United Kingdom Various, Hallé’s Movie Classics: Nardus Williams (soprano), Sergio Castelló-López (clarinet), Petroc Trelawny (presenter), Hallé / Stephen Bell (conductor). Recorded (directed by Jonathan Haswell) on 10.12.2020 at The Bridgewater Hall, Manchester, and streamed on 11.2.2021. (JPr)
Verdi – The Force of Destiny, overture
Dvorák – ‘Song to the Moon’ (Rusalka)
Tchaikovsky – Sleeping Beauty, waltz
Handel – ‘Arrival of the Queen of Sheba’ (Solomon)
Ponchielli – ‘Dance of the Hours’ (La Gioconda)
Mozart – Clarinet Concerto in A major, K622 (Adagio)
J. Strauss II – ‘On the Beautiful Blue Danube’
Purcell – ‘Dido’s Lament’ (Dido and Aeneas)
Mendelssohn – ‘Wedding March’ (A Midsummer Night’s Dream)
Elgar – Enigma Variations, ‘Nimrod’
Verdi – ‘Sempre libera’ (La traviata)
Offenbach – Orpheus in the Underworld, overture
Not long before the country went into (yet) another lockdown the Hallé recorded this very pleasant concert entitled ‘Movie Classics’. This is not classic film music, but classical music used by movie-makers for a very specific purpose. While presenter Petroc Trelawny put into their film context the works we heard, why they might have been used was best explained by the Hallé’s Associate Pops Conductor Stephen Bell when talking to the orchestra’s Permeant Guest Leader Paul Barritt. Bell said that it was because ‘Directors knew exactly what they are getting musically. I suppose when you commission a film composer to write a score, until you hear it, until you put it together with what you have already filmed, you don’t know exactly what the emotional impact is going to be. But obviously with all these pre-existing pieces of music you know what you’re getting, you know the emotional impact of what you are trying to achieve.’ Under discussion was the use of Elgar’s ‘Nimrod’ in Christopher Nolan’s 2017 Dunkirk. We learnt from Bell how Elgar’s original was heard in Hans Zimmer’s score as a ‘fragmented version […] slowed right down to become even more atmospheric’ and later that the director ‘was quoted as saying he can’t hear Enigma Variations – particularly “Nimrod” – without feeling the weight of his father’s coffin on his shoulder’. It received a suitably elegiac account from Bell and the members of the Hallé socially distanced in front of him.
When you watch this you can access a full programme (click here) giving the background to all you can hear and it is not necessary for me to go into too much unnecessary detail which repeats what you can read for yourselves. The concert opened with the overture from Verdi’s La forza del destino used by director Claude Berri for his 1986 films Jean de Florette and its sequel Manon des Sources. This is staple of galas such as this and was the rousing start we needed and showcased – amongst a number in the orchestra – eight brass players isolated in the choir seats of Manchester’s The Bridgewater Hall.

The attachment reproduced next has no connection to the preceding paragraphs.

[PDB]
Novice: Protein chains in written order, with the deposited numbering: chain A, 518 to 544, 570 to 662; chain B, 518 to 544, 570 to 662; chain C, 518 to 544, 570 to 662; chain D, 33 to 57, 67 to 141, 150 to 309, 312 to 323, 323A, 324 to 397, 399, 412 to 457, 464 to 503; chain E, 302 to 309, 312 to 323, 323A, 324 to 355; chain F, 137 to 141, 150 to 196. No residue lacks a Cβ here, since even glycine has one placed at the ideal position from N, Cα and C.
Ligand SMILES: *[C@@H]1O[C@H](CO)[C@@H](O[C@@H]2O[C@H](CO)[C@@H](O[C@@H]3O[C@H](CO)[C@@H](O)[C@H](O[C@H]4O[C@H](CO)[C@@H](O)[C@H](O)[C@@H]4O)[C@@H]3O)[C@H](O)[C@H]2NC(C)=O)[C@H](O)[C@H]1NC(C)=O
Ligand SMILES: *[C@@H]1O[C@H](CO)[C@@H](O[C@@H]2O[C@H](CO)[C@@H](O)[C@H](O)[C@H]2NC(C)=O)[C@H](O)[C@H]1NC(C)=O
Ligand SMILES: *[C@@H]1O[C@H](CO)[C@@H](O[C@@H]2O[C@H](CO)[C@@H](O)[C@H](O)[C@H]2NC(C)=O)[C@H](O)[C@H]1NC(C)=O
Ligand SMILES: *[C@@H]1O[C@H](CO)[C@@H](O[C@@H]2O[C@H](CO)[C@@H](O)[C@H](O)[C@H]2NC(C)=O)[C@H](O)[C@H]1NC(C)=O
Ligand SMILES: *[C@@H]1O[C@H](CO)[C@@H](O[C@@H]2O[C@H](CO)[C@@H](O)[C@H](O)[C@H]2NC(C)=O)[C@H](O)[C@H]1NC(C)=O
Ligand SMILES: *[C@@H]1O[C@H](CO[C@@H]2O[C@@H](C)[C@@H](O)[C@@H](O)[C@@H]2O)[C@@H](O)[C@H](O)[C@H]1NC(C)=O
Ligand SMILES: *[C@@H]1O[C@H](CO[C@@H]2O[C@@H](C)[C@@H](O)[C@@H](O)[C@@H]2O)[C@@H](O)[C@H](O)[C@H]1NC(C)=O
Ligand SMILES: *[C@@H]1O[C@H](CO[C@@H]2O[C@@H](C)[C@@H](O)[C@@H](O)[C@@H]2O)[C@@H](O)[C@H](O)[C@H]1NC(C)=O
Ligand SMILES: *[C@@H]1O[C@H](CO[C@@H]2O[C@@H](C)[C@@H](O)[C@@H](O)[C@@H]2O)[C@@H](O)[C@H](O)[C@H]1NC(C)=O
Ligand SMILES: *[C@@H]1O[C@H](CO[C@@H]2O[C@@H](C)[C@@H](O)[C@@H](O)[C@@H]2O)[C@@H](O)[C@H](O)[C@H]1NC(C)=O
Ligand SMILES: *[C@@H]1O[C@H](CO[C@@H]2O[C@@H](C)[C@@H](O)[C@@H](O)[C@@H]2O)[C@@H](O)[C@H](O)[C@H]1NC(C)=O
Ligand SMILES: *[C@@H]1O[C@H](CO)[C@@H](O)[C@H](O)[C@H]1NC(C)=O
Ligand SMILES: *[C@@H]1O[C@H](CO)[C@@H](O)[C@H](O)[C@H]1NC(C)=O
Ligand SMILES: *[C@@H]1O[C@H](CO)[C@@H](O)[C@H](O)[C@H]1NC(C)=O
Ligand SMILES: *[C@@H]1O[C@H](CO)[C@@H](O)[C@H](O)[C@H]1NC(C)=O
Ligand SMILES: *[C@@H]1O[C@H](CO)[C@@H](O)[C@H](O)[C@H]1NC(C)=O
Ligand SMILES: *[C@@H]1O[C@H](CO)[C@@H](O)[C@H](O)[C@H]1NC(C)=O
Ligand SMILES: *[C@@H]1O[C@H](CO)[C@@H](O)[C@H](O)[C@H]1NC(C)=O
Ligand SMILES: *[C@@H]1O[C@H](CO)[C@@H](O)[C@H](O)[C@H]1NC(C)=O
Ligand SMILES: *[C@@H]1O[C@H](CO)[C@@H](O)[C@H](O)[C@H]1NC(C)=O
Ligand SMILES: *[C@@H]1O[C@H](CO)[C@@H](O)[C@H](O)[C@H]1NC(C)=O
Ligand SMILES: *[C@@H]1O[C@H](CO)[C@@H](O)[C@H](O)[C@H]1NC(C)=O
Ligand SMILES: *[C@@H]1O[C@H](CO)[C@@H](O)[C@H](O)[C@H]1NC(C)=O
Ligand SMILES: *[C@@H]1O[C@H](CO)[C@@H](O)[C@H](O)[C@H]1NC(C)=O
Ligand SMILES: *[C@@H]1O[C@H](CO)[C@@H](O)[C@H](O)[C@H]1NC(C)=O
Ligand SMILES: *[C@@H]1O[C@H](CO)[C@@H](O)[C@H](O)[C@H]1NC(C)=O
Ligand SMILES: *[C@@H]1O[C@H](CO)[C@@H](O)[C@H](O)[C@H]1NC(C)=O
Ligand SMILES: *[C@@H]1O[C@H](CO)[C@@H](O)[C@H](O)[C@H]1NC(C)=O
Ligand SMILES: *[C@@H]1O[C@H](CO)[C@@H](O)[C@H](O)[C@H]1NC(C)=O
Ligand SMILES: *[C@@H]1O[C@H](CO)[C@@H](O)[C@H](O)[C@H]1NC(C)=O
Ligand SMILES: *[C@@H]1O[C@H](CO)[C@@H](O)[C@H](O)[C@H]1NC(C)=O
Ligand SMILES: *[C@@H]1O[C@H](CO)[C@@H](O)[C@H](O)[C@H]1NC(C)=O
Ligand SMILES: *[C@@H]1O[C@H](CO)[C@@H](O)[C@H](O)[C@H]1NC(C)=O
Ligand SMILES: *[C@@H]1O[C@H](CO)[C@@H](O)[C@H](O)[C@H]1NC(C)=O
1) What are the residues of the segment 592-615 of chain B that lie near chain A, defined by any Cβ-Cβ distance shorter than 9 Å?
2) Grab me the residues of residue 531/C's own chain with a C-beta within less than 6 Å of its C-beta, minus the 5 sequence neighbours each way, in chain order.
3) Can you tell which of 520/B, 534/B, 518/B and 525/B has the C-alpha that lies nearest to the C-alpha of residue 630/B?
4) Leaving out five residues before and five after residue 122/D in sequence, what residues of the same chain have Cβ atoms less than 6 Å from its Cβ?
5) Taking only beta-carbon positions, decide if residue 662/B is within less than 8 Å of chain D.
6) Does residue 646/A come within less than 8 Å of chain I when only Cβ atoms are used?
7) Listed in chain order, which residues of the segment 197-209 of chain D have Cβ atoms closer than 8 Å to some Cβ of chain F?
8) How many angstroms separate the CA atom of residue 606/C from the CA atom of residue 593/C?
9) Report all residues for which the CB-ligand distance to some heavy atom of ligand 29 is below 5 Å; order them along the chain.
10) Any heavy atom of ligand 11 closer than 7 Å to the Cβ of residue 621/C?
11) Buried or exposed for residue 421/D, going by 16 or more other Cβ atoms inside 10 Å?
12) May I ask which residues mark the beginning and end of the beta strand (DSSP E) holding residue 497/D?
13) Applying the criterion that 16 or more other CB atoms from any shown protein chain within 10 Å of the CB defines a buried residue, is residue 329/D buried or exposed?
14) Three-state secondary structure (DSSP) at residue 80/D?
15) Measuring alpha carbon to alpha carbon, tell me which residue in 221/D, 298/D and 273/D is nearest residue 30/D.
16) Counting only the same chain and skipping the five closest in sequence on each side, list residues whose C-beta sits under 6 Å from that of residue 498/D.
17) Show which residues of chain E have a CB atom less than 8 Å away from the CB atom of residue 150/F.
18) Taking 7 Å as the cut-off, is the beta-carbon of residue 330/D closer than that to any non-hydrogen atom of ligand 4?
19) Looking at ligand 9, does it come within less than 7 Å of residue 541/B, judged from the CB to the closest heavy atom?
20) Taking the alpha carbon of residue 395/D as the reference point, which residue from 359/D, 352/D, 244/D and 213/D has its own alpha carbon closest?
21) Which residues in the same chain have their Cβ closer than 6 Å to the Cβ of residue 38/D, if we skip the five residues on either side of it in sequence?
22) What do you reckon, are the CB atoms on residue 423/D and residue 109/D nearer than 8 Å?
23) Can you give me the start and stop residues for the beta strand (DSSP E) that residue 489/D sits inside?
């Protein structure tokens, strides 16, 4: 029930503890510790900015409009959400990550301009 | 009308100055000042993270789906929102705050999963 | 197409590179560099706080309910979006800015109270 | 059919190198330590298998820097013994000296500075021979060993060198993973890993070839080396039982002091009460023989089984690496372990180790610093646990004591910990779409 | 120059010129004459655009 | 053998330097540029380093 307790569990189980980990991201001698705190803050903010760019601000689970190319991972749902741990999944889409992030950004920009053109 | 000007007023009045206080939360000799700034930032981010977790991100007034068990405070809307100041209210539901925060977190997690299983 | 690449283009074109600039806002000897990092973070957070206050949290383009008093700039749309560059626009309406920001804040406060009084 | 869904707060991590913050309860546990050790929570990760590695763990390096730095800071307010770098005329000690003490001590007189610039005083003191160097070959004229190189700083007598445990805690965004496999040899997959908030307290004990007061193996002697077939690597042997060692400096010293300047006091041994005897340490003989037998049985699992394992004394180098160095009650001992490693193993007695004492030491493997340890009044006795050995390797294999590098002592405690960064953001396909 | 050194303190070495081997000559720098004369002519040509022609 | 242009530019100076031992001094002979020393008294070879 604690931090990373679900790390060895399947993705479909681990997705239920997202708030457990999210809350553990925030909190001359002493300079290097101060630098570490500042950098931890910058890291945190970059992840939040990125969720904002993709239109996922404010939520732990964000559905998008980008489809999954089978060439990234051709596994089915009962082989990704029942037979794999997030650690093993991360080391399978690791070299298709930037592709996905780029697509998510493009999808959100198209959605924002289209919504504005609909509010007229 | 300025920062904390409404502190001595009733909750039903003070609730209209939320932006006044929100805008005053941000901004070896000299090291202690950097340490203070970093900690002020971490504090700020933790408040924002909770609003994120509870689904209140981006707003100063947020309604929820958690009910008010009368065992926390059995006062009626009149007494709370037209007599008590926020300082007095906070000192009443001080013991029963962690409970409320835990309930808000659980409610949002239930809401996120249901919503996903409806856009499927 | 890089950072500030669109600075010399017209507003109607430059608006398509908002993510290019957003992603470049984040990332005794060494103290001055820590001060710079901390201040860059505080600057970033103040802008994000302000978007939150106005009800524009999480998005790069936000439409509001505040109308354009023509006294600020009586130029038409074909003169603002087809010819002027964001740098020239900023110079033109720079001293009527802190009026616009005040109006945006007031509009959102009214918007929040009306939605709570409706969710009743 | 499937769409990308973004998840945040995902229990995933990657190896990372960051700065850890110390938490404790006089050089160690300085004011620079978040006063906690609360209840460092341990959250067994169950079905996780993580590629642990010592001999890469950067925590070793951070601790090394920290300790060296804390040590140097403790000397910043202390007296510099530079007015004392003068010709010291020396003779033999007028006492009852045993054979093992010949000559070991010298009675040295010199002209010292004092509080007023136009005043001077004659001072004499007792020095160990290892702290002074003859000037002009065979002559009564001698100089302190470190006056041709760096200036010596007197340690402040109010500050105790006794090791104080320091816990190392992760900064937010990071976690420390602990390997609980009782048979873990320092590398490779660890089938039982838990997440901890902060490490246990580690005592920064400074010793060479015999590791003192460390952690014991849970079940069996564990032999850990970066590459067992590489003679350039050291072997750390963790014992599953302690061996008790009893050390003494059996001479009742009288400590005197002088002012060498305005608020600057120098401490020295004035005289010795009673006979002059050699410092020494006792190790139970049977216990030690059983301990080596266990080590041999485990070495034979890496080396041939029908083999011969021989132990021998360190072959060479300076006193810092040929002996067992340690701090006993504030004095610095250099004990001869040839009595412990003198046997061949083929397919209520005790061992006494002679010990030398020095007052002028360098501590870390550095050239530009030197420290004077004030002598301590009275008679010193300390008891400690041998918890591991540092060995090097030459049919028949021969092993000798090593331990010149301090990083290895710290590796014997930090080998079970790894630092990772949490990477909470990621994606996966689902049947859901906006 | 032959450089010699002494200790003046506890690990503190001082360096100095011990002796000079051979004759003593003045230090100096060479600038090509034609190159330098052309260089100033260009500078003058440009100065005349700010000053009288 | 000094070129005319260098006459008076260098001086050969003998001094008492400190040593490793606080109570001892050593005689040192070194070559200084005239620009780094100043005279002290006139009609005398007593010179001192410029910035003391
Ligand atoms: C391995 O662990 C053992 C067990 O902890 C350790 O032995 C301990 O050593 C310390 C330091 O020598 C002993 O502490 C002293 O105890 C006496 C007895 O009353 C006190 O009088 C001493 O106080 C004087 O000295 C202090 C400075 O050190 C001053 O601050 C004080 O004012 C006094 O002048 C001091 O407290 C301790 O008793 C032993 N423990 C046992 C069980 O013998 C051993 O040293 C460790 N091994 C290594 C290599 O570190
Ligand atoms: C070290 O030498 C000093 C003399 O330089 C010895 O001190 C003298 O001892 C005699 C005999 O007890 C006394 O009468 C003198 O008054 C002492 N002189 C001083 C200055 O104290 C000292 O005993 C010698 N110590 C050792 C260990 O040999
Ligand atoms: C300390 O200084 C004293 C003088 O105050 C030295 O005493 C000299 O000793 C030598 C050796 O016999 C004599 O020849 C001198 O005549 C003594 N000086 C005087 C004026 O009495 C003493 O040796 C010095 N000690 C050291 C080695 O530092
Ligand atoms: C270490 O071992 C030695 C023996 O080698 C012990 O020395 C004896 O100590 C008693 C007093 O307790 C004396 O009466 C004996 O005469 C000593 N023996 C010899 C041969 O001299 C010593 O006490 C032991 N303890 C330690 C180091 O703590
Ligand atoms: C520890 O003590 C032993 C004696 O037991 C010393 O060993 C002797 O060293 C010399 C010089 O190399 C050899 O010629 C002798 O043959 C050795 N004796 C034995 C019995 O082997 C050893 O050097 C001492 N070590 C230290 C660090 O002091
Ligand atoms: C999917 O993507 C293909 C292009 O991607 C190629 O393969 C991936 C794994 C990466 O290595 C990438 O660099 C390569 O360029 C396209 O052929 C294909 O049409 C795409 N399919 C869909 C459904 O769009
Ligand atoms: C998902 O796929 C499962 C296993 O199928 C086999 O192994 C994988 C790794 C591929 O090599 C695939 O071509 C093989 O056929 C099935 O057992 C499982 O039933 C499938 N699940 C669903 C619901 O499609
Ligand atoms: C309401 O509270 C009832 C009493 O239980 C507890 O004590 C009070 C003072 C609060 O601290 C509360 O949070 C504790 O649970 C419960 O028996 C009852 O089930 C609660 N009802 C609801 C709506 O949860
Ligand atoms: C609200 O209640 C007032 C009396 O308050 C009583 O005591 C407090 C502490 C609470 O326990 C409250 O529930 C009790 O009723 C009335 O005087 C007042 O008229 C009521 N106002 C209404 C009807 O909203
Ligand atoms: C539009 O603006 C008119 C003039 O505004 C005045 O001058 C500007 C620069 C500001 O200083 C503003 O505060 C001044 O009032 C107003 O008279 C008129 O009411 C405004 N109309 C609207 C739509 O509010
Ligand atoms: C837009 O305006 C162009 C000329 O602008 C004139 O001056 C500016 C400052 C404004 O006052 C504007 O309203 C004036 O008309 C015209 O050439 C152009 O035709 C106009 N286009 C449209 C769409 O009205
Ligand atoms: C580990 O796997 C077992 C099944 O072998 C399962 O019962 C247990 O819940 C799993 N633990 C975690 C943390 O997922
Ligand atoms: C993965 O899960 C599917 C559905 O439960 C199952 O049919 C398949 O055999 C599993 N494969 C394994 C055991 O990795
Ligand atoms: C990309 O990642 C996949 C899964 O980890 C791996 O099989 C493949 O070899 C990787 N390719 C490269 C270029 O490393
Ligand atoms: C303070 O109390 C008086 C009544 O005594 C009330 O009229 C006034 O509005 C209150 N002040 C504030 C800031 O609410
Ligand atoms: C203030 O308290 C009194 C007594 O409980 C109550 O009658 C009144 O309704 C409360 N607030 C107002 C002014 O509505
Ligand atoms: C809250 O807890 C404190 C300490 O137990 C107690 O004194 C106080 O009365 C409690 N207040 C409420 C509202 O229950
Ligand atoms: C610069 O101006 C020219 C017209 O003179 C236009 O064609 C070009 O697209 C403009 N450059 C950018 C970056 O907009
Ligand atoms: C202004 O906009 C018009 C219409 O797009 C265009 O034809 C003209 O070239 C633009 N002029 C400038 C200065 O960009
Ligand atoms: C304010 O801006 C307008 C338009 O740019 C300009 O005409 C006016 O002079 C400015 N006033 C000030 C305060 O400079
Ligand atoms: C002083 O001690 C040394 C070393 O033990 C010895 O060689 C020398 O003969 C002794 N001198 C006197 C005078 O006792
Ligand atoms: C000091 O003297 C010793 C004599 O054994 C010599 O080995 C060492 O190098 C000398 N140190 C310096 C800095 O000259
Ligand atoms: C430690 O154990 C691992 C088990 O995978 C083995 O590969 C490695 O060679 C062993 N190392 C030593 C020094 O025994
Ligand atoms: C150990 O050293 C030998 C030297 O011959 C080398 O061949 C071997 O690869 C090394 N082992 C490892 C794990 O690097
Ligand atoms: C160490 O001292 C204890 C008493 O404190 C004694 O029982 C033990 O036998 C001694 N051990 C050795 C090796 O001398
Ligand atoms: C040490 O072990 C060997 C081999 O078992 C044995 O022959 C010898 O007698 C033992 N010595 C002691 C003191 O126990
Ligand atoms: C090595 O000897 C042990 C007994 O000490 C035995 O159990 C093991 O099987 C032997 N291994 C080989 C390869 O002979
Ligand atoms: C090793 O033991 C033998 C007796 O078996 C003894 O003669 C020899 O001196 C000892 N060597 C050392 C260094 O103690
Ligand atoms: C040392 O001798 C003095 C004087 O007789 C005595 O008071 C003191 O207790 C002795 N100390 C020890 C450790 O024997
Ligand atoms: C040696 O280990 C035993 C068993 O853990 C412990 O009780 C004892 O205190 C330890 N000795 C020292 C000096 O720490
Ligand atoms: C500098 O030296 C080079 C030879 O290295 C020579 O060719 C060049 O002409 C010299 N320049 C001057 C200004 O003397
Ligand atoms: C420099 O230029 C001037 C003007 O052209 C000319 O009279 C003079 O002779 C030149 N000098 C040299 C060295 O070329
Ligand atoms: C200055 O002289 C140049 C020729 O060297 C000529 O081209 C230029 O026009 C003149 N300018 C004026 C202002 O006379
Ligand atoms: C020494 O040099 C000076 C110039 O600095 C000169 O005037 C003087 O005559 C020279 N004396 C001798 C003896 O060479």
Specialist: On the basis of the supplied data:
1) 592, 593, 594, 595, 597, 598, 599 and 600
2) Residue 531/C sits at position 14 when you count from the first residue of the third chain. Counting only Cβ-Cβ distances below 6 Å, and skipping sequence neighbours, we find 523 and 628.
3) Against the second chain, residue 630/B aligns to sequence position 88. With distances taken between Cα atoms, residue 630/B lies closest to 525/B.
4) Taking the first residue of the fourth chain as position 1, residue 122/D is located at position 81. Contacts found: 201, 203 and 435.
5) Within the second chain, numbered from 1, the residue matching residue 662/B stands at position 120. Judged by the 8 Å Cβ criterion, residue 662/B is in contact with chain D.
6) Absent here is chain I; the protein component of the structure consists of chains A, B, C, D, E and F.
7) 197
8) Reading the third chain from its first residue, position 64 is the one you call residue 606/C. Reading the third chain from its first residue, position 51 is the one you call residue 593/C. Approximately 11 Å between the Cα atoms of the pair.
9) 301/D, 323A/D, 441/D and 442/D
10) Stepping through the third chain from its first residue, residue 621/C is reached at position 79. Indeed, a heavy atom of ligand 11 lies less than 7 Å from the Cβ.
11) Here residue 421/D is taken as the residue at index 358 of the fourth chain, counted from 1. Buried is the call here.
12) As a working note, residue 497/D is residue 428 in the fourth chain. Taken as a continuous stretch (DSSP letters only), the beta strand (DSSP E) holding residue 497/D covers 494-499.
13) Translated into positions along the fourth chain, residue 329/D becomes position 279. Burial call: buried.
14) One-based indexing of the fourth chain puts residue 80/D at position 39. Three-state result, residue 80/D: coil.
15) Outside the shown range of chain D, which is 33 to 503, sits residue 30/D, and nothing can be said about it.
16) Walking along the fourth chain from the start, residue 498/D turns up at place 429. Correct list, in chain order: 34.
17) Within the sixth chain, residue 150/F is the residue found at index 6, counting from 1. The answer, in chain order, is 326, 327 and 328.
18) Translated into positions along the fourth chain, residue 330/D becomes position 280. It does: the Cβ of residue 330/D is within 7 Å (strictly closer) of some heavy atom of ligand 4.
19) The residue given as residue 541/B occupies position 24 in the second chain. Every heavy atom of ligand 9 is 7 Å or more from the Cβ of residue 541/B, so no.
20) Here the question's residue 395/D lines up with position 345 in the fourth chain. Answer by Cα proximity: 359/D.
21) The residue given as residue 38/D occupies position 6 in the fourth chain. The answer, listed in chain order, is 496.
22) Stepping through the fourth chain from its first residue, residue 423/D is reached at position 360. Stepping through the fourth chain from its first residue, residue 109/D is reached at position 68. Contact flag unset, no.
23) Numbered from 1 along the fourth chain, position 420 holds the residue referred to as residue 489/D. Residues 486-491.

Dvorák’s ‘Song to the Moon’ is from the opera Rusalka, as well as the 1989 Driving Miss Daisy and 2015 Departure films. It introduced us to the young British soprano Nardus Williams who revealed a warm rich – surprisingly mezzo-ish – register during her prayer-like aria. There was then a suitably lilting waltz from Tchaikovsky’s Sleeping Beauty (used most notably in Disney’s 1959 animated version of the classic fairy tale). Handel’s ‘Arrival of the Queen of Sheba’ (Four Weddings and a Funeral, 1994) was sprightly whilst the Hallé’s highly spirited ‘Dance of the Hours’ (from Ponchielli’s La Gioconda) brought back memories of the balletic elephants, hippopotamuses, ostriches, and alligators in Disney’s 1940 Fantasia. Also, who can forget Allan Sherman’s 1963 comedy song ‘Hello Muddah, Hello Fadduh’?
The Adagio from Mozart’s 1791 Clarinet Concerto has been heard in several films and was given a mellow and meditative rendition by the orchestra’s Principal Clarinettist Sergio Castelló-López. The very familiar ‘Blue Danube’ waltz features in a spaceship docking sequence in Stanley Kubrick’s 1968 2001: A Space Odyssey. While waiting for composer Alex North to come up with something, Kubrick put together his own temporary score of classical pieces which in the end he stuck with. Apparently North never knew his music was wasn’t to be used until he saw the film for the first time! The ‘Blue Danube’ from Bell and the Hallé was nice enough but lacked authentic Viennese schwung.
Another frequently used aria for film soundtracks is ‘Dido’s Lament’ from Purcell’s seventeenth-century Dido and Aeneas. Nardus Williams sang this magnificently and it was deeply affecting with her repetitions of ‘Remember me’ having an otherworldly quality. Williams thoroughly deserved Petroc Trelawny’s approbation and how it had been an ‘exquisitely heart-breaking rendition’. Williams later sang the challenging ‘Sempre libera’ from Verdi’s La traviata (heard in the 1990 Pretty Woman and 1994 The Adventures of Priscilla, Queen of the Desert) with its stratospheric high notes. I hope Williams will forgive me -that as heard through my loudspeakers – she sounded more naturally a high mezzo.
A jaunty ‘Wedding March’ from Mendelssohn’s A Midsummer Night’s Dream is something else that has recurred in several films and as for me, I was reminded how its main theme was purloined by Wagner for his own one in Lohengrin! Finally, there was the joyous – and ultimately exuberant – overture to Offenbach’s Orpheus in the Underworld which was the perfect choice for Baz Lurhmann’s 2001 Montmartre-based Moulin Rouge. Under Bell’s ever-encouraging baton several members of the wonderful Hallé had given virtuosic contributions here – as elsewhere during this concert – Barritt’s violin of course, as well as Rosa Campos Fernandez (clarinet), Amy Yule (flute) and Nicholas Trygstad (cello).
For more about the Hallé click here.